Erick Sermon :: Chilltown, New York :: Universal Motown Records Group
as reviewed by Steve 'Flash' Juon

Back in the days when he was a teenager, before he had status and before he had a pager, Erick Sermon was an aspiring rap artist from Bayshore, New York with big dreams. When linked up with fellow aspiring rap artist Parrish Smith from Long Island, the duo astounded hip-hop fans with some of the most rugged, hardcore, uncut raw hip-hop the world had ever seen. Dubbed EPMD, short for Erick and Parrish Making Dollars, the team went on to record four successive albums with the word "Business" in the title, each improving on the last and solidifying a cult status that guaranteed they would go gold each time out with or without support from radio or MTV.

Hip-Hop fans were shocked and heartbroken when the two parted ways in the 1990's over creative differences. One had to wonder - what would the outcome be when the two went their own way with solo careers? For Sermon, it turned out to be a blessing in disguise. Little recognized during EPMD's heyday as the architect of their many booming basslines and beats, he proved as a soloist that he was the true foundation of their success. While critically acclaimed Sermon solo albums like "No Pressure" and "Music" have had modest sales over the years (usually several hundred thousand units sold) they've fared far better than the solo albums of Smith, for whom going "double lead" or "double wood" would have been a step up from double nothing. The two briefly reunited in the latter 90's to give it "the ol' college try" one more time, but the spark was gone and each ultimately moved on.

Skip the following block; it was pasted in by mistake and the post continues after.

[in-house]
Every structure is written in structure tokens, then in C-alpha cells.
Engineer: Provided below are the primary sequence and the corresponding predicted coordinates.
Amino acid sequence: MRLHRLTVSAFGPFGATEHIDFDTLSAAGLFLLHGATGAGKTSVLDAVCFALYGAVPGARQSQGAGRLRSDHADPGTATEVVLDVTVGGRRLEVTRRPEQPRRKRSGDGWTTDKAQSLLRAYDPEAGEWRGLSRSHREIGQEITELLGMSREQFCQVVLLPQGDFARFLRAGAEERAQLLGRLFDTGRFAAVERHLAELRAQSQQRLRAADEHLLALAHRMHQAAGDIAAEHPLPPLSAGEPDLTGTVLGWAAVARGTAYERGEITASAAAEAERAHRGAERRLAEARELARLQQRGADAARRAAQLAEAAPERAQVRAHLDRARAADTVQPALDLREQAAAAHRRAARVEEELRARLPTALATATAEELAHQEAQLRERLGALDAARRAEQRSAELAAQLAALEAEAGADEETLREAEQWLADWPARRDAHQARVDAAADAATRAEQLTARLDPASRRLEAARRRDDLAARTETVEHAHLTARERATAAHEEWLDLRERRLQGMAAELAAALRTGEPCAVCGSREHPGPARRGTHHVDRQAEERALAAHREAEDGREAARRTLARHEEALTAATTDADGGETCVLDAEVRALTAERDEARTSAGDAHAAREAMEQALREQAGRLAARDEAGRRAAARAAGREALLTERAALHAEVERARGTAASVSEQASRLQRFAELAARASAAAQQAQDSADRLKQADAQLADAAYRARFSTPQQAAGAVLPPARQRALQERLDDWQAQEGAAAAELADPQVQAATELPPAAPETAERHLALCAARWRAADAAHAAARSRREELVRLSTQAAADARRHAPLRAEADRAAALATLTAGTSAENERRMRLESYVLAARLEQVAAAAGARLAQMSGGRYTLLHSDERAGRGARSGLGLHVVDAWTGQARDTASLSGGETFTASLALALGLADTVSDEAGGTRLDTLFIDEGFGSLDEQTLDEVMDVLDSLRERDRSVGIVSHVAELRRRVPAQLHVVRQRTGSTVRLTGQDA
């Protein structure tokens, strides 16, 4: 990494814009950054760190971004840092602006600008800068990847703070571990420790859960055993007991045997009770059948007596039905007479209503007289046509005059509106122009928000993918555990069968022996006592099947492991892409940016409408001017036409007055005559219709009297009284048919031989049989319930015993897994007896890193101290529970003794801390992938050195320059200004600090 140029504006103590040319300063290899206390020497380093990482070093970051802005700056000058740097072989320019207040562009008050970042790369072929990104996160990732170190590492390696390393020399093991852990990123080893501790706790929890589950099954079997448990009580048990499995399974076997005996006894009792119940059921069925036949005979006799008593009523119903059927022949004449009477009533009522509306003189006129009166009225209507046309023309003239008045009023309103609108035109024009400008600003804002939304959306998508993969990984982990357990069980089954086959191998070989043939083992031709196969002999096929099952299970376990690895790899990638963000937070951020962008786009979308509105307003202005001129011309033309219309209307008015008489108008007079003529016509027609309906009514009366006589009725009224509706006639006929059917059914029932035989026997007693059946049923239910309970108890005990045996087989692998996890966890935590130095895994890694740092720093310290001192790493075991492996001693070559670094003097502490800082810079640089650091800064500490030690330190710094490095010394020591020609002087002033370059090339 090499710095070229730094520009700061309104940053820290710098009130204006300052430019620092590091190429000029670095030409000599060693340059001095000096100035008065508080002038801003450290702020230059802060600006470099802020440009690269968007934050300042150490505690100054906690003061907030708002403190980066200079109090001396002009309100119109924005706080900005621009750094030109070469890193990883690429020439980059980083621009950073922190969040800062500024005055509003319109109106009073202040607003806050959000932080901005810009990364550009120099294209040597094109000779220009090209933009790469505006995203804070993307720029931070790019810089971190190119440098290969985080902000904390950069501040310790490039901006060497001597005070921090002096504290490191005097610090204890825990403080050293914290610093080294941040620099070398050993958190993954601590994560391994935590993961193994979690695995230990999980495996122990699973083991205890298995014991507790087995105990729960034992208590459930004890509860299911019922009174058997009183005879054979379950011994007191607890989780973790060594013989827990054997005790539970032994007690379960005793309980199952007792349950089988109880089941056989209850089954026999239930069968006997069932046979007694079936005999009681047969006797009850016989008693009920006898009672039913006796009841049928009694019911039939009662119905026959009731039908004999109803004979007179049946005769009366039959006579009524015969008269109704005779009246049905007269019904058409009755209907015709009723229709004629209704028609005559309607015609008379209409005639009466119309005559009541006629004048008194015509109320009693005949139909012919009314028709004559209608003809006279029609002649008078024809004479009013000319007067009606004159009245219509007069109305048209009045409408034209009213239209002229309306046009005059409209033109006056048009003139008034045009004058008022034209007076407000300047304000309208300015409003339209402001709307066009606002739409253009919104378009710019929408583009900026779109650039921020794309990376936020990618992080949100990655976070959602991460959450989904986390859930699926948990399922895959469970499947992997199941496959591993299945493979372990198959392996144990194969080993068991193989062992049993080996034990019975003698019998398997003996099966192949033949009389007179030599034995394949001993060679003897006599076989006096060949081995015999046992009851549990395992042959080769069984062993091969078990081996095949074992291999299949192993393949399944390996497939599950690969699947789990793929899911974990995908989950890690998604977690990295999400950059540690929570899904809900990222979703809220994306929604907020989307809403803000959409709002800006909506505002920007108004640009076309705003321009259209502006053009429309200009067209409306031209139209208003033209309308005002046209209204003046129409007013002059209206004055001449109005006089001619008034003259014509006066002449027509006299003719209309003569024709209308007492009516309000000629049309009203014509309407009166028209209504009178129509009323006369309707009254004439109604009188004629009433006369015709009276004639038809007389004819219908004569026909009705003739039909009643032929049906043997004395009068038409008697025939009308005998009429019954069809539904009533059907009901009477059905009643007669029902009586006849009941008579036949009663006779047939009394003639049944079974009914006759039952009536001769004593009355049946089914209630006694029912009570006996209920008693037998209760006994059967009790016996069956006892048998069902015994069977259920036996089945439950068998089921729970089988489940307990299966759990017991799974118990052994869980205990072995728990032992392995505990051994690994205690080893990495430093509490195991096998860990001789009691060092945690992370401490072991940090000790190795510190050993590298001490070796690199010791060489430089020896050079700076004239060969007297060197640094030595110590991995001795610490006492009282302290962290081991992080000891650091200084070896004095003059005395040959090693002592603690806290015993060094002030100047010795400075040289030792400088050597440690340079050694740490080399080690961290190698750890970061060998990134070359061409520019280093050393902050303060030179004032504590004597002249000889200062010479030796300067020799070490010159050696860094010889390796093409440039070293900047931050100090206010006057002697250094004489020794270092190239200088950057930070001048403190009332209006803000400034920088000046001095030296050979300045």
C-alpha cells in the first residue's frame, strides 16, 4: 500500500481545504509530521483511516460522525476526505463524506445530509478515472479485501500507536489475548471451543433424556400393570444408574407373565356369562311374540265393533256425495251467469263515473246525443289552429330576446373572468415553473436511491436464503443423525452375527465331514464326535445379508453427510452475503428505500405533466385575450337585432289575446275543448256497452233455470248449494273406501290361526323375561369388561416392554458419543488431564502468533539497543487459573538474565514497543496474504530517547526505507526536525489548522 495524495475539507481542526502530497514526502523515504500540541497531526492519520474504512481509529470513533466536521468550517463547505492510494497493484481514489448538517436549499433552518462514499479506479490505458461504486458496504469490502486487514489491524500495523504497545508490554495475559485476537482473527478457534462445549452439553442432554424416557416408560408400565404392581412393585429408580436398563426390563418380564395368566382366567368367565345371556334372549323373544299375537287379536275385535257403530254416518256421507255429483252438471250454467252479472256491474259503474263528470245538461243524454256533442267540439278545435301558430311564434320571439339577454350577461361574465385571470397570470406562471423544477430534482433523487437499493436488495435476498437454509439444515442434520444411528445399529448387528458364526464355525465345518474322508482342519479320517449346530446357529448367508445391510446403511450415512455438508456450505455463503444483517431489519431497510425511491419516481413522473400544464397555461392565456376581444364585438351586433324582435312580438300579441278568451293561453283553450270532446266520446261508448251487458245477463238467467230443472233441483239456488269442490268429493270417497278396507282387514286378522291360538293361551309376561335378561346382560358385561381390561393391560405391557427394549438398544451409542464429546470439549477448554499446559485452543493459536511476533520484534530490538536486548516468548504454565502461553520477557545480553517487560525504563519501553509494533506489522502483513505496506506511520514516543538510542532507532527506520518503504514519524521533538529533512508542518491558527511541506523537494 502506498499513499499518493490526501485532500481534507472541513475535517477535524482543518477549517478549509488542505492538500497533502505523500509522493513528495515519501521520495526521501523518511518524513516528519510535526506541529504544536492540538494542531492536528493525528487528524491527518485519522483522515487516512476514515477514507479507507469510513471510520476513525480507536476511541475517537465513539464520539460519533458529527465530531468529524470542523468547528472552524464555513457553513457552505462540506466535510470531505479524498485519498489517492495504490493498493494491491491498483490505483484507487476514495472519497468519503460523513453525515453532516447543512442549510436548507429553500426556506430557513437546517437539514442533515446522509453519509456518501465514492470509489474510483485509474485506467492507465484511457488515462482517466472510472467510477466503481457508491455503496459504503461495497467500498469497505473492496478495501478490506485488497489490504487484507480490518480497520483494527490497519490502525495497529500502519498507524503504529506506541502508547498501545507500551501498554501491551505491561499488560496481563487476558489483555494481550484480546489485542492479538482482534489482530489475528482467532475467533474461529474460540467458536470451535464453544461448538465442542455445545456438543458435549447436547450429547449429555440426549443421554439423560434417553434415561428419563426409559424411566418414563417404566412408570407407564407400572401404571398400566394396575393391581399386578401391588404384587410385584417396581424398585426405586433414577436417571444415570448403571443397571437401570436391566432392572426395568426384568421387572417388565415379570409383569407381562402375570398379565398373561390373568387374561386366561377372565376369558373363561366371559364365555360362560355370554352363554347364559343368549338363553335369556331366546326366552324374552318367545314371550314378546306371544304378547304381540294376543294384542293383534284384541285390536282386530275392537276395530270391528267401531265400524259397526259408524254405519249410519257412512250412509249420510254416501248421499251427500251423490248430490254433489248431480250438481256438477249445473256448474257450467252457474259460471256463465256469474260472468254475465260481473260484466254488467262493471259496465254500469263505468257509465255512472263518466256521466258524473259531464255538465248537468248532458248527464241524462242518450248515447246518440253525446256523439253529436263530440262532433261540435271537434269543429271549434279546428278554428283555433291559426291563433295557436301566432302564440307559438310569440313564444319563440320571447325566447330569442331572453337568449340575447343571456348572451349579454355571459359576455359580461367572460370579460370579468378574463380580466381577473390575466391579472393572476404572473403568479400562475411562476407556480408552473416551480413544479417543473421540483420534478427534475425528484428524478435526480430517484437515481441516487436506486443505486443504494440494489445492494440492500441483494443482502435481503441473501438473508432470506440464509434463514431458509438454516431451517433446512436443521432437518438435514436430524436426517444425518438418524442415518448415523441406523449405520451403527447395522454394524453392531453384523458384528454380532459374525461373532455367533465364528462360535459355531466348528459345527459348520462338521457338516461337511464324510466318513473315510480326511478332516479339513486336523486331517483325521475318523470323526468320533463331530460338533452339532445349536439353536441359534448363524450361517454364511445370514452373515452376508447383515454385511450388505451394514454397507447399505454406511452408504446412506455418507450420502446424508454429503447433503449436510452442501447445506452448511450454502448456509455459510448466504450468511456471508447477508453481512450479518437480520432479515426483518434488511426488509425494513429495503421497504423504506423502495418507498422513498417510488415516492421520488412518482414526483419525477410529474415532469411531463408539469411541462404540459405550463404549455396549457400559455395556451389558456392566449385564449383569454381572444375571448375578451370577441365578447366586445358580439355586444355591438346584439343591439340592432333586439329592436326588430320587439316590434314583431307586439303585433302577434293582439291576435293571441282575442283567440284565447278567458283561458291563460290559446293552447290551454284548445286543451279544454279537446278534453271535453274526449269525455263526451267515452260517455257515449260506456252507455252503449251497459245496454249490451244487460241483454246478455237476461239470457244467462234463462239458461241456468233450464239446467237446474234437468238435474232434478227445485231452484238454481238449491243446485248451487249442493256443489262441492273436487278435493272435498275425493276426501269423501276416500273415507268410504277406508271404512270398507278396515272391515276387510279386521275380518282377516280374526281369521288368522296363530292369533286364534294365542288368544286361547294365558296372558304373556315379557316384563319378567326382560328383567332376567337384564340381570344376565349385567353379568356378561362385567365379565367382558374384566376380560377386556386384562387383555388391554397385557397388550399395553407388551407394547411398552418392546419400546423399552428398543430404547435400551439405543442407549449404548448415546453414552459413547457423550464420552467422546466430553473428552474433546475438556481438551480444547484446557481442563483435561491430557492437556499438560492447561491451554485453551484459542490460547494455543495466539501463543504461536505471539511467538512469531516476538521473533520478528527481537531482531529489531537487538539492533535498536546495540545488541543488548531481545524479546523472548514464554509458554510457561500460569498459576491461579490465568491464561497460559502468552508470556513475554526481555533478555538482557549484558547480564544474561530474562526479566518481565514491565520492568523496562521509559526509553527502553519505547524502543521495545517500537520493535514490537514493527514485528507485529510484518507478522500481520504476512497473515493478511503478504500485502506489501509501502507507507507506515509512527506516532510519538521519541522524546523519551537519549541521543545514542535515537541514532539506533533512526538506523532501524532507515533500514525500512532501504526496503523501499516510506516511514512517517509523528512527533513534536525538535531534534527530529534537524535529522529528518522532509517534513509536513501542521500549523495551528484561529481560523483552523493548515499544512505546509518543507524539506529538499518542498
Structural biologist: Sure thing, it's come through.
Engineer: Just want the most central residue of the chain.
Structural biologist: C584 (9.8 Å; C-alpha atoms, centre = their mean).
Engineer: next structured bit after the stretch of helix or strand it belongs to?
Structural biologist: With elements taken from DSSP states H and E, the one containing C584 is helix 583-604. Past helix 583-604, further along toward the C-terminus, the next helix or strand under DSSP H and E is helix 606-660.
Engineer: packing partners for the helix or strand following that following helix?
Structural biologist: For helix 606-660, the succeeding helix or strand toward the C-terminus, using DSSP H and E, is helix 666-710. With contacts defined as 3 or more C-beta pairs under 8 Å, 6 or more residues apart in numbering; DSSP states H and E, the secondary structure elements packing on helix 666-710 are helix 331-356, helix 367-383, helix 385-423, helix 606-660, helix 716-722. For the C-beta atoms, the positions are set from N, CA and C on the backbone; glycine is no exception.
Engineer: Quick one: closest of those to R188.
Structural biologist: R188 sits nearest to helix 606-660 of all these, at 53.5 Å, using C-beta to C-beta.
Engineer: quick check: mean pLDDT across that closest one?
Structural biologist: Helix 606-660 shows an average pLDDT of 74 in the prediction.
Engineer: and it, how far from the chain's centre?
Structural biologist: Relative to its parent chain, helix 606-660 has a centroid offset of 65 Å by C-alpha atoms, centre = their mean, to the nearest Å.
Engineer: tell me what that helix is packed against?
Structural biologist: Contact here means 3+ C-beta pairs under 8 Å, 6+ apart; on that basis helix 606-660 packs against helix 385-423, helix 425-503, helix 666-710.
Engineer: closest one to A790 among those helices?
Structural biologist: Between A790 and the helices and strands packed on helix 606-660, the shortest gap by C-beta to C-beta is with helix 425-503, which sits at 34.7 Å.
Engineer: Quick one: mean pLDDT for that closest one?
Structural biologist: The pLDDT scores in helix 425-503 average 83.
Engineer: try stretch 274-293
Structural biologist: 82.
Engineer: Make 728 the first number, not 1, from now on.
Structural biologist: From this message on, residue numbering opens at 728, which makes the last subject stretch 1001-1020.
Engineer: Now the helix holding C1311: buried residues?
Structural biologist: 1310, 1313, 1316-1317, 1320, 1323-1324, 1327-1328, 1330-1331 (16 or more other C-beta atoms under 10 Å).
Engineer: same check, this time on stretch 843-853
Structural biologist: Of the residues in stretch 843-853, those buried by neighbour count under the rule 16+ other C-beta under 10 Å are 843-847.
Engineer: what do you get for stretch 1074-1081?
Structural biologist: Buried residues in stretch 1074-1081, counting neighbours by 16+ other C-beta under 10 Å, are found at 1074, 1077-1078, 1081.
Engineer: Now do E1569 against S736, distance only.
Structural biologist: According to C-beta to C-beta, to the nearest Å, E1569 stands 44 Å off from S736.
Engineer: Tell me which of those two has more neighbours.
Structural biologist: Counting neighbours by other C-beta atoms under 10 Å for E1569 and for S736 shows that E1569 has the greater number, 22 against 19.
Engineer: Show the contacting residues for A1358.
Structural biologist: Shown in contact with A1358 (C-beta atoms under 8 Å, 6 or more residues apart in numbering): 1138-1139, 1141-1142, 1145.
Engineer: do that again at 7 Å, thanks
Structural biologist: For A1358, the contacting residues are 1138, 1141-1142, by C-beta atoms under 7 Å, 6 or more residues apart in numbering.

Having doubled in age and certainly MORE than doubled in stature in the rap world since his debut, Sermon could easily rest on his laurels both in his own career and for the hit records he has produced for numerous other artists. Erick Sermon's having none of it though. The self-described "Green Eyed Bandit" is like De La Soul, KRS-One, Chuck D and Too $hort - he'll retire when he damn well feels like it. Thus in 2004 Sermon has released "Chilltown, New York" - a phrase he has used to describe his stomping grounds in the Big Apple for years and years. If you had any doubt that Sermon still had chops musically and lyrically, the "Home (Intro)" puts all doubts to rest:

"The Roger Moore of the rap game
He's 007, I'm E-Double the veteran, the name
(Erick!) The way I do it is Mean Joe
Green Eyed Bandit, nigga check the pamphlet
On my CD, you won't hear the same
It's two special guests, and the rest is my name
You won't hear the bling, or the champagne - nuttin
You won't hear a nigga on the microphone frontin
And no love songs, I'm not serenadin
I'm just narratin the streets on my beats"

Now that's vintage Erick Sermon. The beat is slow and well-crafted, the lyrics are simple and highly effective, and that slight slurry lisp to his speech gives him one of hip-hop's most distinguished, recognizeable and enjoyable flows. For 18 years and running, E-Dub has been one of the premier voices of East coast rap, and he won't be the first to deny it. The cocky rapper not only claims he's "God Sent" but has a message for his fans who are stuck in EPMD's past and not up to date with the times:

"For those who wonderin, it's no other